Performance of Open-Pollinated Maize Cultivars selected from 10 Tropical Maize Populations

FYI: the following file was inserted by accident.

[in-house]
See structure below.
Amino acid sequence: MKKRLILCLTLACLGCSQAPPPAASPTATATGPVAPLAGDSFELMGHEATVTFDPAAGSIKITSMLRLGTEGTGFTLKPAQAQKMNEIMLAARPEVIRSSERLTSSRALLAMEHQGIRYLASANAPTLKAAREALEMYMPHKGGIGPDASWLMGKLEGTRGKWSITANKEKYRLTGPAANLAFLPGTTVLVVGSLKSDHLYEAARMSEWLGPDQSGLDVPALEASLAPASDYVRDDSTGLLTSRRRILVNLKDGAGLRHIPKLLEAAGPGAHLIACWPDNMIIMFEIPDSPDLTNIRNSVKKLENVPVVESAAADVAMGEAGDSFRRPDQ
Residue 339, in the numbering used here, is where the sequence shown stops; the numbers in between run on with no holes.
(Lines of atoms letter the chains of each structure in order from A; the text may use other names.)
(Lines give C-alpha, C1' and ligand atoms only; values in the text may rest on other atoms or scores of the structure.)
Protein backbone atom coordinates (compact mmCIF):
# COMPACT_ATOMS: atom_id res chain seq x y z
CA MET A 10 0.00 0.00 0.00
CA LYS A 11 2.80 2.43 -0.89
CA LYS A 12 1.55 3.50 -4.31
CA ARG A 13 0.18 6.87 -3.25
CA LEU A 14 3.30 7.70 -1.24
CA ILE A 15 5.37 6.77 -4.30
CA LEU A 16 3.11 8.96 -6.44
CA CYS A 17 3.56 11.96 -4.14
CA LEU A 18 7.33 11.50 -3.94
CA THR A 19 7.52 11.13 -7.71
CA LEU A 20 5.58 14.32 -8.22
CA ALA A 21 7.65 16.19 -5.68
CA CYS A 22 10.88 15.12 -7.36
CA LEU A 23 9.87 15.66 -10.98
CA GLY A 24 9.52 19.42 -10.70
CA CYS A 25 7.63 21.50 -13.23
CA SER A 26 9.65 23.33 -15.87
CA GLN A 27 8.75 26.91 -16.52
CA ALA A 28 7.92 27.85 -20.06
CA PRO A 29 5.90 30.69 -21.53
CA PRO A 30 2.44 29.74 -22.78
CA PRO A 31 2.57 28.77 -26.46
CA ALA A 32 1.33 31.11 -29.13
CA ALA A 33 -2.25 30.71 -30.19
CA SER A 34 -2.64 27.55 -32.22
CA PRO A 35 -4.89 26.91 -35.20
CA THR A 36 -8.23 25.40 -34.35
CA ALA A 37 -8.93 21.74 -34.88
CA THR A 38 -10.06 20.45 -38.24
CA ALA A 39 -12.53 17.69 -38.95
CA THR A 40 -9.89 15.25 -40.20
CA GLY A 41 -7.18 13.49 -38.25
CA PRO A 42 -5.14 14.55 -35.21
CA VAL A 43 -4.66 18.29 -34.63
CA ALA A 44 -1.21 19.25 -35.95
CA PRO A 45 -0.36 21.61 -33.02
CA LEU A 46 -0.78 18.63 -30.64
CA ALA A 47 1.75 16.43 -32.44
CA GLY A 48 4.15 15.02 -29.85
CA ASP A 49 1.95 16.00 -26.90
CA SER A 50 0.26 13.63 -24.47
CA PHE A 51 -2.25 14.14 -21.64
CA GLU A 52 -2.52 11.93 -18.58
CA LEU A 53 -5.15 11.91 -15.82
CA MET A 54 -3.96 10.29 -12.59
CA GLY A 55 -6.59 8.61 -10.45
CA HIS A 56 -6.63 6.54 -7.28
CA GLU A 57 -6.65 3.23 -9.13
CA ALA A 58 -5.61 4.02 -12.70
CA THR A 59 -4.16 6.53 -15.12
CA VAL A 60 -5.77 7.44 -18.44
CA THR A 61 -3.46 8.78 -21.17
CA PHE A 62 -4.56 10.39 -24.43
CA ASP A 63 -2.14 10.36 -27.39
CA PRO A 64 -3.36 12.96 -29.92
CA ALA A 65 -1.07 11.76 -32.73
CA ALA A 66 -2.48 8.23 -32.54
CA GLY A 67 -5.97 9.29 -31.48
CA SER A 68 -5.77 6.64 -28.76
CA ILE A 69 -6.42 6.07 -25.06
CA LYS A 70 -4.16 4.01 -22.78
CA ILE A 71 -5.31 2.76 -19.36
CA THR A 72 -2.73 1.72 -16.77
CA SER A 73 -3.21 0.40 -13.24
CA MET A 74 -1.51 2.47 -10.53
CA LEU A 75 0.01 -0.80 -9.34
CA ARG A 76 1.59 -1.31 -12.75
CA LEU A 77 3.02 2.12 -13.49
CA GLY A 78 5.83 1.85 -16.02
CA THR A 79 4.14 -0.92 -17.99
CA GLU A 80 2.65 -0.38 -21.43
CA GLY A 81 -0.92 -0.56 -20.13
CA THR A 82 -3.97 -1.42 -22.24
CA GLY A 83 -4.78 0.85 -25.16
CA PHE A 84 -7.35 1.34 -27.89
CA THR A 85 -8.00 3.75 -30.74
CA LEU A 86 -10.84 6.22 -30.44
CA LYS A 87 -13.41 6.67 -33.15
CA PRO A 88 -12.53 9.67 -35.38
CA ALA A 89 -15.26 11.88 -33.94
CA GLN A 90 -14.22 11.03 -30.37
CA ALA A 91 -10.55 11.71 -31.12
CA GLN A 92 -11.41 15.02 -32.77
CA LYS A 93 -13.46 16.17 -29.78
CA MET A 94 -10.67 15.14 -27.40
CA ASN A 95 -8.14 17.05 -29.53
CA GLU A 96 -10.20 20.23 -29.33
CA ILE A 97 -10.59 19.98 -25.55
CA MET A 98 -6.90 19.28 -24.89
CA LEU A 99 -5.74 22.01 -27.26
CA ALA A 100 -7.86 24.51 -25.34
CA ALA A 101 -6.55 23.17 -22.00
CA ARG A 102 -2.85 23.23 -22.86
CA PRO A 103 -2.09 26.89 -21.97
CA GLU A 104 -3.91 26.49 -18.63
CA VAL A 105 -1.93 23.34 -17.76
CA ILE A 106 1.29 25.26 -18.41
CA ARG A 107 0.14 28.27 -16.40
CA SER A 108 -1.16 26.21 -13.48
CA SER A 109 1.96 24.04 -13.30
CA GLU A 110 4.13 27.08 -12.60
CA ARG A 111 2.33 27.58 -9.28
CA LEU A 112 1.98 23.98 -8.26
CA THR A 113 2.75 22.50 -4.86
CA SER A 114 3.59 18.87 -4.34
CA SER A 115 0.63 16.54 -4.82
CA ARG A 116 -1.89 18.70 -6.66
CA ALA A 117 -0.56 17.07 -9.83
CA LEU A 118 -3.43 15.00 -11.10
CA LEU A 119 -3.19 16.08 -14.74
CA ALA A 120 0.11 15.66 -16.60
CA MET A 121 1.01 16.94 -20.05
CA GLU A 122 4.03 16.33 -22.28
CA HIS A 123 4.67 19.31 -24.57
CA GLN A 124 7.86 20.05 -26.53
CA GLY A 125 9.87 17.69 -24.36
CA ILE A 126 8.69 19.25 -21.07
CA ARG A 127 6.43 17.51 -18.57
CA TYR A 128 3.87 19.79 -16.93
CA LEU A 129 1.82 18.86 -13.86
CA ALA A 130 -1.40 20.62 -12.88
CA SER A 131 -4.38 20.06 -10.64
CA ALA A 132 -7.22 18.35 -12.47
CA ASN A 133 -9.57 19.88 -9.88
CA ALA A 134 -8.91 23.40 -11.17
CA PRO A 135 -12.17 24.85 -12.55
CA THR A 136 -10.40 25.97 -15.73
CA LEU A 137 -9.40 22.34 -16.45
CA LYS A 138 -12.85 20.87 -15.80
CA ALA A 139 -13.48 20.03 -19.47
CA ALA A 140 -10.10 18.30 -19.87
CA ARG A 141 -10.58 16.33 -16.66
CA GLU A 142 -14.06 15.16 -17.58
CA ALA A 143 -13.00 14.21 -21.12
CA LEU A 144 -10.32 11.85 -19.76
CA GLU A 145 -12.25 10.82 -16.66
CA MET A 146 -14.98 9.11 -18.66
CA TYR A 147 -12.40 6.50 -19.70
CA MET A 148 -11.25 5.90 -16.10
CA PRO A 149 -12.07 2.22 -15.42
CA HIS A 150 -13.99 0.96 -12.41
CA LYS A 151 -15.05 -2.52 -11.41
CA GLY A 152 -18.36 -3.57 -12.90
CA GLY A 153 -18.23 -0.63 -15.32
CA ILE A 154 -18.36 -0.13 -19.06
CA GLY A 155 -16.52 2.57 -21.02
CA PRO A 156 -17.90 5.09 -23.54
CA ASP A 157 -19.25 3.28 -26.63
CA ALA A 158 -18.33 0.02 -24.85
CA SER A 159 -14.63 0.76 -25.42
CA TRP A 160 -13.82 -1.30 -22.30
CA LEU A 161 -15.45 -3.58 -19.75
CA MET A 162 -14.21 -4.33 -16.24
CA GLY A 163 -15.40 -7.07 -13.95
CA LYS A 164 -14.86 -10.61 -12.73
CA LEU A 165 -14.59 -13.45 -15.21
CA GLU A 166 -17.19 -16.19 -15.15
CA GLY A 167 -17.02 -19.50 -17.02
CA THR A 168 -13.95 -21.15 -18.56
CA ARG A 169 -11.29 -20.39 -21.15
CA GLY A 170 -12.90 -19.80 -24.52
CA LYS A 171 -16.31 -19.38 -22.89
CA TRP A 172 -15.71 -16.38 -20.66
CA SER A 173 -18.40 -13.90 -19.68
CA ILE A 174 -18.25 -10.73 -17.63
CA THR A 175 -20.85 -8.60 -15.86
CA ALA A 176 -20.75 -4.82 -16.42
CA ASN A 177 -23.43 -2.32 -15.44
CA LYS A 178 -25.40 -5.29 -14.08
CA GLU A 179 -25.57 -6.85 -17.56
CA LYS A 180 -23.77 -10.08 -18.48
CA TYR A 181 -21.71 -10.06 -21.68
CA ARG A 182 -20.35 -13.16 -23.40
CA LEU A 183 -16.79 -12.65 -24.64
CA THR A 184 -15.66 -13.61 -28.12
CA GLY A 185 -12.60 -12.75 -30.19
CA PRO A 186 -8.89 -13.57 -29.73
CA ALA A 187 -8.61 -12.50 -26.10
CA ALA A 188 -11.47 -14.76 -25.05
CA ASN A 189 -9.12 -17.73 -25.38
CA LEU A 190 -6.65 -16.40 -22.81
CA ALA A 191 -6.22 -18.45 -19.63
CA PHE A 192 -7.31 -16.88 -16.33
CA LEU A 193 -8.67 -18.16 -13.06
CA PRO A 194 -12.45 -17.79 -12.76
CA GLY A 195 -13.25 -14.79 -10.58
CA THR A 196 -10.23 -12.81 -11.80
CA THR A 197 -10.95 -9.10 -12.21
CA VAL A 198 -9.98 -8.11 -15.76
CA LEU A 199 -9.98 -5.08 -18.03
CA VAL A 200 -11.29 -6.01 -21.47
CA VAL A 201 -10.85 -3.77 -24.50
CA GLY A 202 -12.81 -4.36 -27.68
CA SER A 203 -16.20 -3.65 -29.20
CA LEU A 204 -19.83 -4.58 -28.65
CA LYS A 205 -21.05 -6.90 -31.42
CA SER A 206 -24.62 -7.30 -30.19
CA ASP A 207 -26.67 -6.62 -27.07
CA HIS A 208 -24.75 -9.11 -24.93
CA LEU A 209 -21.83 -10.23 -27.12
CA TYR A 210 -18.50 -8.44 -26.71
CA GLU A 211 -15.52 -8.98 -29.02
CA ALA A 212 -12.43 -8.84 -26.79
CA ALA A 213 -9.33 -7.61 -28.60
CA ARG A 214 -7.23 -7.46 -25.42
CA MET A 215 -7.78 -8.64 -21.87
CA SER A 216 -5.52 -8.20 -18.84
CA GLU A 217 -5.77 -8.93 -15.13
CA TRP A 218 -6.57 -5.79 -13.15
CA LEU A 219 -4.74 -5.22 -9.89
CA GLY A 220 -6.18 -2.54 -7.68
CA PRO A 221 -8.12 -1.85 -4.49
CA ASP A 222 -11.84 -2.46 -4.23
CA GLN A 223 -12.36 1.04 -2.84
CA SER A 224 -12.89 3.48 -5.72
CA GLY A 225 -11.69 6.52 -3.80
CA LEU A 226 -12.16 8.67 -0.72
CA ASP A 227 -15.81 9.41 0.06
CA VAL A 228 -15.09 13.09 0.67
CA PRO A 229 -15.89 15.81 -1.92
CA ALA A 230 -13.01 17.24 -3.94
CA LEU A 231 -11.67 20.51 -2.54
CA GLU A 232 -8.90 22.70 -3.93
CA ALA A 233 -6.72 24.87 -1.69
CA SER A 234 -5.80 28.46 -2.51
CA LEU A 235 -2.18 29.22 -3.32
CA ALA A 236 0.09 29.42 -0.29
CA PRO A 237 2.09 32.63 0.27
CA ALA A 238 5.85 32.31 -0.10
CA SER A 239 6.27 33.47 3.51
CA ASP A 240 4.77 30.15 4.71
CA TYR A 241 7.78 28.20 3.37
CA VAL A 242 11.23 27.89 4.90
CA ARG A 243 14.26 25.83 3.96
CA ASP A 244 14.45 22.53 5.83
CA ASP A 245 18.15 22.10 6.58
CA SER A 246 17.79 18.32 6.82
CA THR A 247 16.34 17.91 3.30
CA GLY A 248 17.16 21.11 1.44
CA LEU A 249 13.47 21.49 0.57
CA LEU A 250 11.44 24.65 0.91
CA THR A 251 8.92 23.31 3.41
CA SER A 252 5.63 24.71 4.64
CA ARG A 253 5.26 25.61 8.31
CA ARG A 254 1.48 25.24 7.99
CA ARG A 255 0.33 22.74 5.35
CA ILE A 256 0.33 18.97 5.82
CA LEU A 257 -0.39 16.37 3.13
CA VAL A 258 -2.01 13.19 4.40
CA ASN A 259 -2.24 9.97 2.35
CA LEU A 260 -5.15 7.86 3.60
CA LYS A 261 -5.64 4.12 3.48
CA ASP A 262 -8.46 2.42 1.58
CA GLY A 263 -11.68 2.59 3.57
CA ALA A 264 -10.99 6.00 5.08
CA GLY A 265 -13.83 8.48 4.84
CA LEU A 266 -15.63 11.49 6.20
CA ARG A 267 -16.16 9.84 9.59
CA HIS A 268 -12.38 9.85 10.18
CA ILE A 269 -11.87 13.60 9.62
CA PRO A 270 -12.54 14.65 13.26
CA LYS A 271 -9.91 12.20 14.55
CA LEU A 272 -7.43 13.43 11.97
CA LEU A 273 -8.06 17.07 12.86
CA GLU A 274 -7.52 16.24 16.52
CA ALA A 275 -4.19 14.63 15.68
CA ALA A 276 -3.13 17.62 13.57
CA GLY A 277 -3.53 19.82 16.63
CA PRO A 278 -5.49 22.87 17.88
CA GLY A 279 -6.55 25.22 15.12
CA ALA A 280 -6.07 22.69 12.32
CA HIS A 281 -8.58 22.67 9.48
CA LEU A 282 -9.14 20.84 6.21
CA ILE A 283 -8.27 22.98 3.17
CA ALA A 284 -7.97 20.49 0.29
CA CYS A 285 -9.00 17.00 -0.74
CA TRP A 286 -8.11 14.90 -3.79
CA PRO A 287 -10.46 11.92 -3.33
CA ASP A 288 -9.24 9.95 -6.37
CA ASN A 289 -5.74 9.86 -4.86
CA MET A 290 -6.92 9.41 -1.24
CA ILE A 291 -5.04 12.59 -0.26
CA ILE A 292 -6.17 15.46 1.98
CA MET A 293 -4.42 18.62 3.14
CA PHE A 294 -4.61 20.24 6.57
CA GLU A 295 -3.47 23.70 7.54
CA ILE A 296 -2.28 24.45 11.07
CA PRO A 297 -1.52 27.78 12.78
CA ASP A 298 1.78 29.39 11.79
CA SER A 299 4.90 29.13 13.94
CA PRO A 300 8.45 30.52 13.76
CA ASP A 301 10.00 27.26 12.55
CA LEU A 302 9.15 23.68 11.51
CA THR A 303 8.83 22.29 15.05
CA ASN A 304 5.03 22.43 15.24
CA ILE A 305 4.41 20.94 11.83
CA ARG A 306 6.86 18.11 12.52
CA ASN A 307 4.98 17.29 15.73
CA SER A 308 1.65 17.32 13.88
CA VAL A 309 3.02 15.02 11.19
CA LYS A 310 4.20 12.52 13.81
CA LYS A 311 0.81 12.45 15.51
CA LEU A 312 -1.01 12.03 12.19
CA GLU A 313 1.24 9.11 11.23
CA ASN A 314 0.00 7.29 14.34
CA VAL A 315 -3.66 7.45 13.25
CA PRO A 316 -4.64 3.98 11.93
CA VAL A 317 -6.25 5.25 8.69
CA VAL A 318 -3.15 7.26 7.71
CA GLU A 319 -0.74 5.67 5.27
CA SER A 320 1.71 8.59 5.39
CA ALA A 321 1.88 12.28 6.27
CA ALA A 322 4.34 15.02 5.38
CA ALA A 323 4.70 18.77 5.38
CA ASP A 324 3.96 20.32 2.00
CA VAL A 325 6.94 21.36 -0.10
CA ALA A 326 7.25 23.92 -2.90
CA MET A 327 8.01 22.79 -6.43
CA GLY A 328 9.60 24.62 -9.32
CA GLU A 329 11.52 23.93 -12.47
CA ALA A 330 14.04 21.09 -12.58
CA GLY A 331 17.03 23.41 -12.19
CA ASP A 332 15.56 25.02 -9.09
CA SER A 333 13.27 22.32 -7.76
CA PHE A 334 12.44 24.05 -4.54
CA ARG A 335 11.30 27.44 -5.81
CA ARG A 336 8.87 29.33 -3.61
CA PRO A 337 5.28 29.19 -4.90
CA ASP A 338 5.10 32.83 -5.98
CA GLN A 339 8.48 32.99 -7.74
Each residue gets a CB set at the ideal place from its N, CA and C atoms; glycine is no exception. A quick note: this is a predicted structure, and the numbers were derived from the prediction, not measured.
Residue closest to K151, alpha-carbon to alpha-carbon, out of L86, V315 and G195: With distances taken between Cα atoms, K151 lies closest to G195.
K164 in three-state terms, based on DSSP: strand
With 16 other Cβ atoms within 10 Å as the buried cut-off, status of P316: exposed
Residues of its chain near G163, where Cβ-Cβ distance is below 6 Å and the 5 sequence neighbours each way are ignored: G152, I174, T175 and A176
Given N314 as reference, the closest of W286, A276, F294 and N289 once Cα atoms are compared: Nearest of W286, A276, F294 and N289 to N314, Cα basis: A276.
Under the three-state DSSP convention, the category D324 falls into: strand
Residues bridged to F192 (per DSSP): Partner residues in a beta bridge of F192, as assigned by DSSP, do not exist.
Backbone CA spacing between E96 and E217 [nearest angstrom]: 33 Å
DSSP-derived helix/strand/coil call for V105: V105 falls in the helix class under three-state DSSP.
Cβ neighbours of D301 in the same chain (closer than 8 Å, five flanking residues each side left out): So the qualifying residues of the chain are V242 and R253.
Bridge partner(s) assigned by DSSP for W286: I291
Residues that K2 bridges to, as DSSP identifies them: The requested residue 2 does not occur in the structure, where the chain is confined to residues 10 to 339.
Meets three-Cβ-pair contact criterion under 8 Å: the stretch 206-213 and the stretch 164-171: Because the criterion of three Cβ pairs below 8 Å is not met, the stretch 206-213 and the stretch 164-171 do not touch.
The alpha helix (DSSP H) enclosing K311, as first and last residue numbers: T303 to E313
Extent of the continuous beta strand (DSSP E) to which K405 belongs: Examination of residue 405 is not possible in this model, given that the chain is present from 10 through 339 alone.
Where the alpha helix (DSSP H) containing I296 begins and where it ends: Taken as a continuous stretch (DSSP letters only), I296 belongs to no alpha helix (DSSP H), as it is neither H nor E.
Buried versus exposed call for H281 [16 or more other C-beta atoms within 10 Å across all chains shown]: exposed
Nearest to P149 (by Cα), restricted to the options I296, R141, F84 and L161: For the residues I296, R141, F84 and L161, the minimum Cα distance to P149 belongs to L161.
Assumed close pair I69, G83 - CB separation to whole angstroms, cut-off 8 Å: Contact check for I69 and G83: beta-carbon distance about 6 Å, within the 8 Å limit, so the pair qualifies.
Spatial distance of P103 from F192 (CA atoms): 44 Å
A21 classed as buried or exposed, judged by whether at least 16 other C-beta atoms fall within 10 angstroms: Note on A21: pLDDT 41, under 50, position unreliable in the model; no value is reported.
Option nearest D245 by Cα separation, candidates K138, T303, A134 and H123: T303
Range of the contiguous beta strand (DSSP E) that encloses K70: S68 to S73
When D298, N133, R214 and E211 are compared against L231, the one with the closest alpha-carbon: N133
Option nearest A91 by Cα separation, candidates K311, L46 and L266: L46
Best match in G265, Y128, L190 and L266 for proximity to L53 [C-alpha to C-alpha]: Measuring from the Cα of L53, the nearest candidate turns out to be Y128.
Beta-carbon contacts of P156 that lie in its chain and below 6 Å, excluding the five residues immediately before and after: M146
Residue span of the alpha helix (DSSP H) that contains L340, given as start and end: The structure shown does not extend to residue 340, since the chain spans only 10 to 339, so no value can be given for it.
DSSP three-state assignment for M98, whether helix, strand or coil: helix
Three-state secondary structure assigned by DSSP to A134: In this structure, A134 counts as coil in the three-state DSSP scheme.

Open-pollinated cultivars (OPCs) continue to occupy a larger portion of maize (Zea mays L.) production area than hybrids in the developing countries. We studied the possibility of extracting superior OPCs during an ongoing recurrent selection program for use in the developing countries. Forty experimental cultivars (ECs) were developed from 10 maize populations adapted to lowland tropics, using 7 to 14 full-sib families. Families were selected for performance at one site (Poza Rica, Mexico) or across five to six sites, (Across) around the world, from CO (ECs-C0) or from C3 or (ECs-last cycle). The effects of selection were evaluated in four environments to measure performance and stability. Percent superiority of ECs-last cycle over ECs-C0 was 9.5 (P < 0.01) for yield, −2.6 for days to 50% silking, −5.1 for plant height, −9.6 for ear height, 5.6 for ears per plant, 1.9 for 1000-seed weight, and −11.7 for ear rating. Poza Rica-ECs were lower (P < 0.01 ) in plant and ear height (−6.1 and −10.3%, respectively) than Across-ECs daring summer at Poza Rica and Across-ECs had fewer (−1.19%) days to 50% silking than Poza Rica-ECs at the other three sites. for yield, the b1 (regression of entry means to environmental index) values for Across ECs-last cycle were lower than those for Poza Rica ECs-C0, Across ECs-C0, and Poza Rica ECs-last cycle (P < 0.01 and P < 0.25 with environments considered fixed and random, respectively). The results indicate that ECs developed from advanced cycles of selection of populations undergoing recurrent selection yield higher (P < 0.01) and are more stable (P < 0.01 and P < 0.12 with environments considered fixed and random, respectively) than those developed from the original cycle.Please view the pdf by using the Full Text (PDF) link under 'View' to the left.
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